The main part of the sulphur dioxide (SO2) emission originates from combustion of fossil fuels, i.e. mainly coal and oil, in public power and district heating plants. Since 1990, the total emission has decreased by 94 %. The large reduction is mainly due to installation of desulphurisation plant and use of fuels with lower content of sulphur in public power and district heating plants. Despite the large reduction of the SO2 emissions, these plants make up 25 % of the total emission. In addition, emissions from industrial combustion plants, non-industrial combustion plants and other mobile sources are important.

Nitrogen oxide (NOx)

The largest sources of emissions of nitrogen oxides (NOx) are road transport followed by other mobile sources and combustion in energy industries (mainly public power and district heating plants). The transport sector is the sector contributing the most to the emission of NOx and, in 2016, 45 % of the Danish emissions of NOx stems from road transport, national navigation, railways and civil aviation. In addition, emissions from national fishing and off-road vehicles contribute significantly to the NOx emission. For non-industrial combustion plants, the main sources are combustion of gas oil, natural gas and wood in residential plants. The emissions from energy industries have decreased by 82 % from 1990 to 2016. In the same period, the total emission decreased by 62 %. The reduction is due to the increasing use of catalyst cars and installation of low-NOx burners and denitrifying units in power plants and district heating plants.

Ammonia (NH3)

Almost all atmospheric emissions of ammonia (NH3) result from agricultural activities. Only a minor part of the total emission originates from stationary combustion (2.8 %), road transport (1.3 %), industrial processes (0.4 %) and waste (1.5 %). The share for road transport was increasing during the 1990’s and early 2000’s due to increasing use of catalyst cars. In more recent years, the share has been decreasing due to more advanced catalysts being implemented.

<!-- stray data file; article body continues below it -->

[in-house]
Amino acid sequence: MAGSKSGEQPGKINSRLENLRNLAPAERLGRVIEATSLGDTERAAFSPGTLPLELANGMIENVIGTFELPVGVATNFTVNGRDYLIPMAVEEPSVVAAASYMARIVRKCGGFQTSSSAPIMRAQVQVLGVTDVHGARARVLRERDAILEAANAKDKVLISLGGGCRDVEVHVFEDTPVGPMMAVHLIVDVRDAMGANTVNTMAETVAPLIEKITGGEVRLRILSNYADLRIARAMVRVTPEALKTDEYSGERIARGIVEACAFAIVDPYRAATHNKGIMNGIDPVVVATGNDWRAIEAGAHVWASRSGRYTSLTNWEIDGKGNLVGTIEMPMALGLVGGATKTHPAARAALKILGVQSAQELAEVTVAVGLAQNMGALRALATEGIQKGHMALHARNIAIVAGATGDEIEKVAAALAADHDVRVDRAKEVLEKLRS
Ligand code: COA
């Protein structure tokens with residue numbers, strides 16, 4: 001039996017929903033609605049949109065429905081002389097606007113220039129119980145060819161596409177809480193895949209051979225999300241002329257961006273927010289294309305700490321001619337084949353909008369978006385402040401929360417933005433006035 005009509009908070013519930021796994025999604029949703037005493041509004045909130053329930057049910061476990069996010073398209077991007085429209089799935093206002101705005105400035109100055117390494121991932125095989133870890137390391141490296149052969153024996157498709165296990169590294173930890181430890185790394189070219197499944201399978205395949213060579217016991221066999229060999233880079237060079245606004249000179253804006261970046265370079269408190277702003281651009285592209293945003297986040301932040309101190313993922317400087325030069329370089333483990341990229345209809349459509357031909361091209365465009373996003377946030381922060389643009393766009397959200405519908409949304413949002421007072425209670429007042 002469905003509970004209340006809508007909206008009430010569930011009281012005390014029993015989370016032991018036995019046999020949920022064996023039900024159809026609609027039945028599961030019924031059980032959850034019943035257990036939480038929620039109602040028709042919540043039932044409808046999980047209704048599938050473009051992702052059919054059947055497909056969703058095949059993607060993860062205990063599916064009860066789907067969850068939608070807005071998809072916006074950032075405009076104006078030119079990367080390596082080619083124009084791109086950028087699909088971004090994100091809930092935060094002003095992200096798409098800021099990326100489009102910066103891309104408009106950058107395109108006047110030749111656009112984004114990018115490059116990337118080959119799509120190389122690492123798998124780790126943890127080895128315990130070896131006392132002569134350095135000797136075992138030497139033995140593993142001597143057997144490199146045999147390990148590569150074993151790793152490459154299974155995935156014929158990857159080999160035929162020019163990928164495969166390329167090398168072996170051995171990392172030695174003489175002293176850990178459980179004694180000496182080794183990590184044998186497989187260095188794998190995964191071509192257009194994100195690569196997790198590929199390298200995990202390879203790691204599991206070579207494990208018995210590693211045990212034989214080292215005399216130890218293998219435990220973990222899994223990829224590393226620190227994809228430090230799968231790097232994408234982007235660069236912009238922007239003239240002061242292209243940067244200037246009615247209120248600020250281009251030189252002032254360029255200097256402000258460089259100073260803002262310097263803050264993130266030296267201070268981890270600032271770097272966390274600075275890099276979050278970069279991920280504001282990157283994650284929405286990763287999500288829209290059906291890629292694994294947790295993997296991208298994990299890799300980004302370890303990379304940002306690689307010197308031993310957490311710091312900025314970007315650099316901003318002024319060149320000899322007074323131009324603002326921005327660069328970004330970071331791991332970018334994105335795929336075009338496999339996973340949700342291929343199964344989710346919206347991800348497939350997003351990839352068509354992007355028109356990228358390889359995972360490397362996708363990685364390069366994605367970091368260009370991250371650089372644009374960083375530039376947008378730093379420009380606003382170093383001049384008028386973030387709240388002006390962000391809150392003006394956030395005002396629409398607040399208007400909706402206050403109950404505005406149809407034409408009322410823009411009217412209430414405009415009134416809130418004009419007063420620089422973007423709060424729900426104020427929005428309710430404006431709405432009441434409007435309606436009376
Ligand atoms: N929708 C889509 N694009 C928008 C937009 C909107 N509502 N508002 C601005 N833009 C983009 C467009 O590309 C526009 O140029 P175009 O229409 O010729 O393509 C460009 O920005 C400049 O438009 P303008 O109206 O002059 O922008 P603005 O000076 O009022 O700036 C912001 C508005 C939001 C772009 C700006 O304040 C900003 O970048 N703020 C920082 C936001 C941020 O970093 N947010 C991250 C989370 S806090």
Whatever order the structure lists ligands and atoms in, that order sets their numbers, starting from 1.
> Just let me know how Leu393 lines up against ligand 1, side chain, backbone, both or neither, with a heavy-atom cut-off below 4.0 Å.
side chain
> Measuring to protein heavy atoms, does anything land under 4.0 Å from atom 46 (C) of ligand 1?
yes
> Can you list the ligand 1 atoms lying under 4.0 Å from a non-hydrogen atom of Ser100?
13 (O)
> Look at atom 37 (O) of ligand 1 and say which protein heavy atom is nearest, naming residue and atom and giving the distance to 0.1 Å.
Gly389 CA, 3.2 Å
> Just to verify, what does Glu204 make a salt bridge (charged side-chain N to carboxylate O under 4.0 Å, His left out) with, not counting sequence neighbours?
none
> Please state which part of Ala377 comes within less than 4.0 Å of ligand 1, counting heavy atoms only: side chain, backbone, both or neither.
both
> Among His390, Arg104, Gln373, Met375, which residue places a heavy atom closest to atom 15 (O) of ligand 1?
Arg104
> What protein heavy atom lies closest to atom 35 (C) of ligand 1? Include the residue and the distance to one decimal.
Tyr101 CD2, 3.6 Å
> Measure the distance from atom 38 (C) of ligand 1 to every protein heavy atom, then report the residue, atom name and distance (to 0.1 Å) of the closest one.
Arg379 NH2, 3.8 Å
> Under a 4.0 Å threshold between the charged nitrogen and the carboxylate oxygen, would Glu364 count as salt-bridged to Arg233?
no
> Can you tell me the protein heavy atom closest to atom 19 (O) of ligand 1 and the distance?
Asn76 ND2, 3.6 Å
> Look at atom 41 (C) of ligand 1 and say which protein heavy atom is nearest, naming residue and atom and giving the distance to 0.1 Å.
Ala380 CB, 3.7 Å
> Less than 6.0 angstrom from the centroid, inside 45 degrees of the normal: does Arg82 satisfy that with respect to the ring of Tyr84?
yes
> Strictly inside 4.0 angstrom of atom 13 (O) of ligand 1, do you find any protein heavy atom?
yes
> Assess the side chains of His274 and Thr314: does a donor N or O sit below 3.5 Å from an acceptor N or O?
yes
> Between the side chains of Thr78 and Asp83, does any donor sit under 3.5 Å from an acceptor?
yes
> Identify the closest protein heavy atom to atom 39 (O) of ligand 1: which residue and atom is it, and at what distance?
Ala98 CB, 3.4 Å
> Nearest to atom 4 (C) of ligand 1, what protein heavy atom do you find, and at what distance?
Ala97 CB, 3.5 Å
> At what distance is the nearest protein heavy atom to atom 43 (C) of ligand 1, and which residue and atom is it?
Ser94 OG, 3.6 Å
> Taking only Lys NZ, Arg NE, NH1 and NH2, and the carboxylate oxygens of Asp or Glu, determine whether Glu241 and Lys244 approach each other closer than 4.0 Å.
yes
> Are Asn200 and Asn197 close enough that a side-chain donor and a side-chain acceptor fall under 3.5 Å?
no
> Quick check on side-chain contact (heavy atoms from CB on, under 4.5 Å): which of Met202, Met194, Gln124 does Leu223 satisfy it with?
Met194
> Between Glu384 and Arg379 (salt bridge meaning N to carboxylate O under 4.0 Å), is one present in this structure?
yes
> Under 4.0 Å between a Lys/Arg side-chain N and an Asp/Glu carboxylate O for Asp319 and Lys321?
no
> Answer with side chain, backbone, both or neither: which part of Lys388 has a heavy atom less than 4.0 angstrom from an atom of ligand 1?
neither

The major part of the emission from agriculture stems from livestock manure (47 %) and the largest losses of ammonia occur during the handling of the manure in animal housing systems. The second largest agricultural source is agricultural soils contributing 46 % in 2016; this is mainly emissions from application of mineral fertiliser, application of animal manure and emissions from crowing crops. The total ammonia emission has decreased by 43 % since 1985.

Due to the action plans for the aquatic environment and the Ammonia Action Plan, a series of measures to prevent loss of nitrogen in agricultural production has been initiated. The measures have included demands for improved utilisation of nitrogen in livestock manure, a ban against field application of livestock manure in winter, prohibition of broadspreading of manure, requirements for establishment of catch crops, regulation of the number of livestock per hectare and a ceiling for the supply of nitrogen to crops. As a result, despite an increase in the production of pigs and poultry, the ammonia emission has been reduced considerably.